"Canada is well positioned to play a larger role in the global economy," according to Prime Minister Justin Trudeau on news of the Technology Center Thomson Reuters is creating in Toronto.
Canadian Prime Minister Justin Trudeau spoke with Reuters Editor-in-Chief Steve Adler about leveraging Canada’s technology assets at the new Thomson Reuters Toronto Technology Center, creating job opportunities for the middle class, energy efficiency and a more globally connected country.
Thomson Reuters, one of Canada’s leading international companies and well-respected brands, will strengthen its roots in the country and leverage the region’s burgeoning technology talent, expanding on the Thomson Reuters Labs established in Waterloo in 2015.
“Our new Technology Centre furthers our commitment to growing Canada’s preeminent hub of innovation, and to building the customer-centric platforms and solutions of the future,” said Jim Smith, president and chief executive officer of Thomson Reuters.
Mr. Trudeau underscored the significance of the initiative, saying “Today’s news is an example of how great things can happen when the public and private spheres work together – for the betterment of Canadian workers, and Canadian families.”
Investing in the middle class
The new technology center will create jobs and opportunities for Canada’s middle class, developing global leaders and platforms that reflect the diversity and skill of the region, according to Mr. Trudeau. Fifteen hundred new positions are to be created in cognitive computing, visualization, user experience and cloud development, 400 of which will be filled over the next two years, per the Thomson Reuters announcement.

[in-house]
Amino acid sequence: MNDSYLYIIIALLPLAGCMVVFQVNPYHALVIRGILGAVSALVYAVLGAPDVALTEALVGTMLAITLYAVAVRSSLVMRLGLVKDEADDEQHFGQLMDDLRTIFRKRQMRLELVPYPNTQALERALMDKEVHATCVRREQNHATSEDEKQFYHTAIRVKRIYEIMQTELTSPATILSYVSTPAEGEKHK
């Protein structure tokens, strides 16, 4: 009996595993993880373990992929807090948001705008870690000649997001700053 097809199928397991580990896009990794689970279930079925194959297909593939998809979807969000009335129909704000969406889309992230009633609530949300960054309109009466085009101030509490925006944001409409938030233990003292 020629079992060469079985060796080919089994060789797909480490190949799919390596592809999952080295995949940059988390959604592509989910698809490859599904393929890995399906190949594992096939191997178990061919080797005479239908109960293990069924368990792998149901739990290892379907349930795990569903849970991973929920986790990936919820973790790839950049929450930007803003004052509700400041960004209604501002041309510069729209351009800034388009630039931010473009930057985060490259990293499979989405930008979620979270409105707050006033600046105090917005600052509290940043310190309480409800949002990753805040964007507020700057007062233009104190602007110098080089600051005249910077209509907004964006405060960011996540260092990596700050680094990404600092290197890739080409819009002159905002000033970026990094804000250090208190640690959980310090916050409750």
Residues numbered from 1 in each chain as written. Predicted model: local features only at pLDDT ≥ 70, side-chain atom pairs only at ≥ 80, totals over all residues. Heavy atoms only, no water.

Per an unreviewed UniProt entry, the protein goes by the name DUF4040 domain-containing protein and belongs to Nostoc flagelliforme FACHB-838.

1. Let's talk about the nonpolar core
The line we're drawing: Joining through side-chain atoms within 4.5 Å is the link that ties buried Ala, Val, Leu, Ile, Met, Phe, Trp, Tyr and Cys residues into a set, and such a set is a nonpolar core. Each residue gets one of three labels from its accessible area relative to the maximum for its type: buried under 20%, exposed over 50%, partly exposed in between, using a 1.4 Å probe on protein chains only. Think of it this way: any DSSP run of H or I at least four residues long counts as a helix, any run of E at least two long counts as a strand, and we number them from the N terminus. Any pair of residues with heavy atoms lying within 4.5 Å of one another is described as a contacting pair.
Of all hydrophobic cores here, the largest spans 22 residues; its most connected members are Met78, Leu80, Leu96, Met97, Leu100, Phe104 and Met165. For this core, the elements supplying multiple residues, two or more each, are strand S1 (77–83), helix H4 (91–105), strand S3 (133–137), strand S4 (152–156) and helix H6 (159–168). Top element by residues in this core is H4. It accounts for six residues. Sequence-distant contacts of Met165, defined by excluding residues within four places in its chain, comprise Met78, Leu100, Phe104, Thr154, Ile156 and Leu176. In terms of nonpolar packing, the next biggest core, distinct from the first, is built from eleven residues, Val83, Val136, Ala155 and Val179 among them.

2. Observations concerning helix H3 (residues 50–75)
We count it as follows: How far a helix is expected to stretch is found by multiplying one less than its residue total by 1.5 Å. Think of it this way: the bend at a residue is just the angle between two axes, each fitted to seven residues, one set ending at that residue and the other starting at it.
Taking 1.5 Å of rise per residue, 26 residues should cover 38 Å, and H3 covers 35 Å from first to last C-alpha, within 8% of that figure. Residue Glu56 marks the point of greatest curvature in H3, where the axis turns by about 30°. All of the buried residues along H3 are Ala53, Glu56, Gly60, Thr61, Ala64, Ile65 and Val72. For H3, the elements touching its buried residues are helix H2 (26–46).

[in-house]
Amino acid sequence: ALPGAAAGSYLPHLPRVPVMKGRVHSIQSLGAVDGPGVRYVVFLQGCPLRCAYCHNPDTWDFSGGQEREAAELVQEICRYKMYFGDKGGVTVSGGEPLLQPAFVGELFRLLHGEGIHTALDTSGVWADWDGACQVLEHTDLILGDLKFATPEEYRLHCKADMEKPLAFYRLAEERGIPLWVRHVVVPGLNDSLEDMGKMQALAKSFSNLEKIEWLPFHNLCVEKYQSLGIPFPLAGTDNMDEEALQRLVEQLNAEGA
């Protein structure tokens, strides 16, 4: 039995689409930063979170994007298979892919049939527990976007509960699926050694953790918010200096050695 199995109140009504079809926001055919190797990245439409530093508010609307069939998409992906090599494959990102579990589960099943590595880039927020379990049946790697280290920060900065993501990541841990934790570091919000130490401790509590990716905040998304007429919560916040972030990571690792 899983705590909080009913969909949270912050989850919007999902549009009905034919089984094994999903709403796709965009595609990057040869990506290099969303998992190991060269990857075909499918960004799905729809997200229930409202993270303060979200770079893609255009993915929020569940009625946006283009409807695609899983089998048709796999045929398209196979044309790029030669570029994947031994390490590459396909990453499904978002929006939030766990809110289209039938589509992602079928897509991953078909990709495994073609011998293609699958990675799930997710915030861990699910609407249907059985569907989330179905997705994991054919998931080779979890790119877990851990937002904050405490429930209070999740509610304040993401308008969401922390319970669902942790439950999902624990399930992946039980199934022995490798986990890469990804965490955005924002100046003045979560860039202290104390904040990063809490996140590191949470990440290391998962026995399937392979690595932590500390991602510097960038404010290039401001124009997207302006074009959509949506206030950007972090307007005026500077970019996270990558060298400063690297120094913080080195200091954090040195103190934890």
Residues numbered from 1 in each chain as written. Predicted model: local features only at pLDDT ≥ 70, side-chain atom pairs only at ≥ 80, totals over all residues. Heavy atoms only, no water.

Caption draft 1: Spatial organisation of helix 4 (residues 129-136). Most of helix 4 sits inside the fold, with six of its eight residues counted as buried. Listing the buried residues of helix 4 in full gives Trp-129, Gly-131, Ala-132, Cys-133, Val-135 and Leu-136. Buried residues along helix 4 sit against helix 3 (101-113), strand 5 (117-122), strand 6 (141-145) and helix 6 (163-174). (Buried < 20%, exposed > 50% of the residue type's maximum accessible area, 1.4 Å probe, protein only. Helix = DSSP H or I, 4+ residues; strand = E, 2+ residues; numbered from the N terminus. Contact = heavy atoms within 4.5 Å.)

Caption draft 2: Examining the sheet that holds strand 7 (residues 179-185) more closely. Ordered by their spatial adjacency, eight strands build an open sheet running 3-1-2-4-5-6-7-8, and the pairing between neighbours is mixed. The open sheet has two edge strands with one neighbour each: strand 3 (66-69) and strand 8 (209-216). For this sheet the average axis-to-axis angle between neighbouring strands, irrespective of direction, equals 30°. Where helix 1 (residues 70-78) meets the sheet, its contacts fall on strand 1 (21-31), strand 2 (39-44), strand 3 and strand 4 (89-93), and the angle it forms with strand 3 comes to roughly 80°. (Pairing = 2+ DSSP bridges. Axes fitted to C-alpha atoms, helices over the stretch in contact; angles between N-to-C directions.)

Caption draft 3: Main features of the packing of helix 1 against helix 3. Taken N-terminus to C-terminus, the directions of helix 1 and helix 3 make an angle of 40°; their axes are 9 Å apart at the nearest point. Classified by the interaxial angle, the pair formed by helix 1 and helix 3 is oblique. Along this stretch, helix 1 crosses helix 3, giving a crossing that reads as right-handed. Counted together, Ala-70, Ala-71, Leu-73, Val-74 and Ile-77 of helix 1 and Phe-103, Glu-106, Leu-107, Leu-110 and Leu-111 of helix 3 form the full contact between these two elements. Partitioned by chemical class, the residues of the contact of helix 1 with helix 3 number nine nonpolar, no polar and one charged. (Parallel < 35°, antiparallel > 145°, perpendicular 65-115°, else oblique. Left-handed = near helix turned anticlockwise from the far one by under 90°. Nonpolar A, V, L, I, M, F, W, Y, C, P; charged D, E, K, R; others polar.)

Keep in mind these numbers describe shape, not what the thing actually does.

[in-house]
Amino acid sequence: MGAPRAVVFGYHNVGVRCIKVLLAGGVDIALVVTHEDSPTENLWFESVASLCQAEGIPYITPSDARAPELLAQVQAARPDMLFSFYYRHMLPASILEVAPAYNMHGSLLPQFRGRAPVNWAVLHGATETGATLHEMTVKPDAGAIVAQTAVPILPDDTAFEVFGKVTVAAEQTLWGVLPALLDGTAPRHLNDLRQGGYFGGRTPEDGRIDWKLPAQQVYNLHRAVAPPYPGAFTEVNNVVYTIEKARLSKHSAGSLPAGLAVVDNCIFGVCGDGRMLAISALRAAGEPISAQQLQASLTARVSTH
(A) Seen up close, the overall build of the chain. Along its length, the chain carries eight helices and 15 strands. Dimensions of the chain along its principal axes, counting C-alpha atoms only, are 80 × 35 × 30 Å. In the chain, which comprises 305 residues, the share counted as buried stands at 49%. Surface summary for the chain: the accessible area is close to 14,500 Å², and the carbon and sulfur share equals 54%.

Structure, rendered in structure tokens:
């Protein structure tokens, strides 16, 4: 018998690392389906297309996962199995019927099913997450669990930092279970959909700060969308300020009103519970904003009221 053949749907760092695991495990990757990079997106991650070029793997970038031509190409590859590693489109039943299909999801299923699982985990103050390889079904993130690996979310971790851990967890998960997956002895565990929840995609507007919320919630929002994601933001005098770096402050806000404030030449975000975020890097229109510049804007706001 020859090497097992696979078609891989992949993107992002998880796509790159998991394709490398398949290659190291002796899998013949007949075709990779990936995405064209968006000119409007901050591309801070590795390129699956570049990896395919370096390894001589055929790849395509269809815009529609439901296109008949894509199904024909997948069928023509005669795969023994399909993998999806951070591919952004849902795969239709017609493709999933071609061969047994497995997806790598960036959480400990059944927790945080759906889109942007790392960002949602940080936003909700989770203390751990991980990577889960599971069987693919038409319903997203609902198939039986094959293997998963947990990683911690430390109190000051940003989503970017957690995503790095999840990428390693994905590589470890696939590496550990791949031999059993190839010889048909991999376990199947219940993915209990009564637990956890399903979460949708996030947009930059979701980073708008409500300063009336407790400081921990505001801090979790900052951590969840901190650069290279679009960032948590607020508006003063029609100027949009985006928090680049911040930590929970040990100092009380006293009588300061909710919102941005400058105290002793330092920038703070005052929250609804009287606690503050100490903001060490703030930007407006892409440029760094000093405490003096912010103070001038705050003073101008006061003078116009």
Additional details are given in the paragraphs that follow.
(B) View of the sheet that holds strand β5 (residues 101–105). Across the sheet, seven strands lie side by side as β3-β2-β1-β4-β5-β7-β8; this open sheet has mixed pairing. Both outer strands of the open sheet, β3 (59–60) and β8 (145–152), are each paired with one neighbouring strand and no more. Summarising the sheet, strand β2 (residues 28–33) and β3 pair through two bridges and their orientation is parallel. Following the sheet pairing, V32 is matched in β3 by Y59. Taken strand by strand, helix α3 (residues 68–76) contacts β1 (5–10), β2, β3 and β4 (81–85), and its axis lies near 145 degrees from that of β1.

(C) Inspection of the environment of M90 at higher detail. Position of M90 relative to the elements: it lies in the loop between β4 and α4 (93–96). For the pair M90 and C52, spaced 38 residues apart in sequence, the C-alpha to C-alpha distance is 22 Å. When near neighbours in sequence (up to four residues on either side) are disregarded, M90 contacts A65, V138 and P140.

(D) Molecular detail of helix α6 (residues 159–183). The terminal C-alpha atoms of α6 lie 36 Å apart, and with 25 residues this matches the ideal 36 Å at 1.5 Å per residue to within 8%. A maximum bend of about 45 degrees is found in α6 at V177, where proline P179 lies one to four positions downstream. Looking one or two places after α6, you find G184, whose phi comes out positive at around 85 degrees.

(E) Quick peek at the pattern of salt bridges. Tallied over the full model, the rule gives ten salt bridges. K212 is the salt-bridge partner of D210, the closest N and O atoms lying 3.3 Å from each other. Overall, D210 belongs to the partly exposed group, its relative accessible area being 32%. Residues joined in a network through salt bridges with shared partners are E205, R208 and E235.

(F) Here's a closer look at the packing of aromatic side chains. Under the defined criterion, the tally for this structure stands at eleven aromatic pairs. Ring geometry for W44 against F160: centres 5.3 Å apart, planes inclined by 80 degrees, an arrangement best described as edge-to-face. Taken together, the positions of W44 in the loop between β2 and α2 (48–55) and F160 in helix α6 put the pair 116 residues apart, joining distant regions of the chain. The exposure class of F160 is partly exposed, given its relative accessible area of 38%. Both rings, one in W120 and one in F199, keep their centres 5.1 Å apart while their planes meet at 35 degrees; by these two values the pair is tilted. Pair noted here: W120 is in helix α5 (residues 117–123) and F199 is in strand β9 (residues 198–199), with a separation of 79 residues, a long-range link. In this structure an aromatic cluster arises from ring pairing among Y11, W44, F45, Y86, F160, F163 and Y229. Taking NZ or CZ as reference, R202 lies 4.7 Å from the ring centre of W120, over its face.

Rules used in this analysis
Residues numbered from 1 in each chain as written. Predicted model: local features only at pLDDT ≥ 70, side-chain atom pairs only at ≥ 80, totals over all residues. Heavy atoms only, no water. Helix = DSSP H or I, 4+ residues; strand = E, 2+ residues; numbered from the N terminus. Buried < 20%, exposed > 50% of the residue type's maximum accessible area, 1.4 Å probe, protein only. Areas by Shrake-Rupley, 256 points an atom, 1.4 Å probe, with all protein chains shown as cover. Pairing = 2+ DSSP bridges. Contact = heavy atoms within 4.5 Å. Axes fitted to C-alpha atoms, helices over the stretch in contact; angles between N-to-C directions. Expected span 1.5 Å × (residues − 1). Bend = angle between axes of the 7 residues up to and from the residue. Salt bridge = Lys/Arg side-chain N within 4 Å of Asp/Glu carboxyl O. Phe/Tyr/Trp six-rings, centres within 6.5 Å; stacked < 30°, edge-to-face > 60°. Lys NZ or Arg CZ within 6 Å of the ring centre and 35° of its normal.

Trudeau also promoted the need for Canadians to become more powerful users of technology, starting with more ubiquitous access to high-speed broadband. “Canada is well positioned to play a larger role in the global economy.”
He stressed the importance of making technology a core component of the education curriculum and shared his hope of having “all kids learn to code.”
Energy and natural resources
Given Canada’s geographic composition and abundance of natural resources, Trudeau underscored the need to transition from a fossil-fuel-based economy to one that is a leader in energy efficiency and clean water and air.
Canada was and is a proponent of the Paris Agreement and Canadians recognize the need to shift the sources of energy for our planet. Trudeau’s view is to let local jurisdictions manage how their areas implement this transition. He called out that “85 percent of Canadian provinces have already put a price on carbon.”
Trade and isolationism
There have been definite benefits for Canadian employers and employees as a result of trade agreements like NAFTA, according to Trudeau, despite ripples of anger felt by middle class Canadians who aren’t recognizing them.
Trudeau’s solution to ensure more Canadians experience such benefits is to raise taxes on the wealthy and lower them for the middle class, in addition to investing in infrastructure improvements.
Productivity increases will result from infrastructure investments, although he was clear that it is not the federal government’s role to decide how to connect Canadian communities, but rather that of local jurisdictions in leading these advancements.
“We can’t turn back the clock on globalization, nor should we, but we need to make sure we’re advancing all,” said Trudeau. “Insularity is not a path to the bigger world.”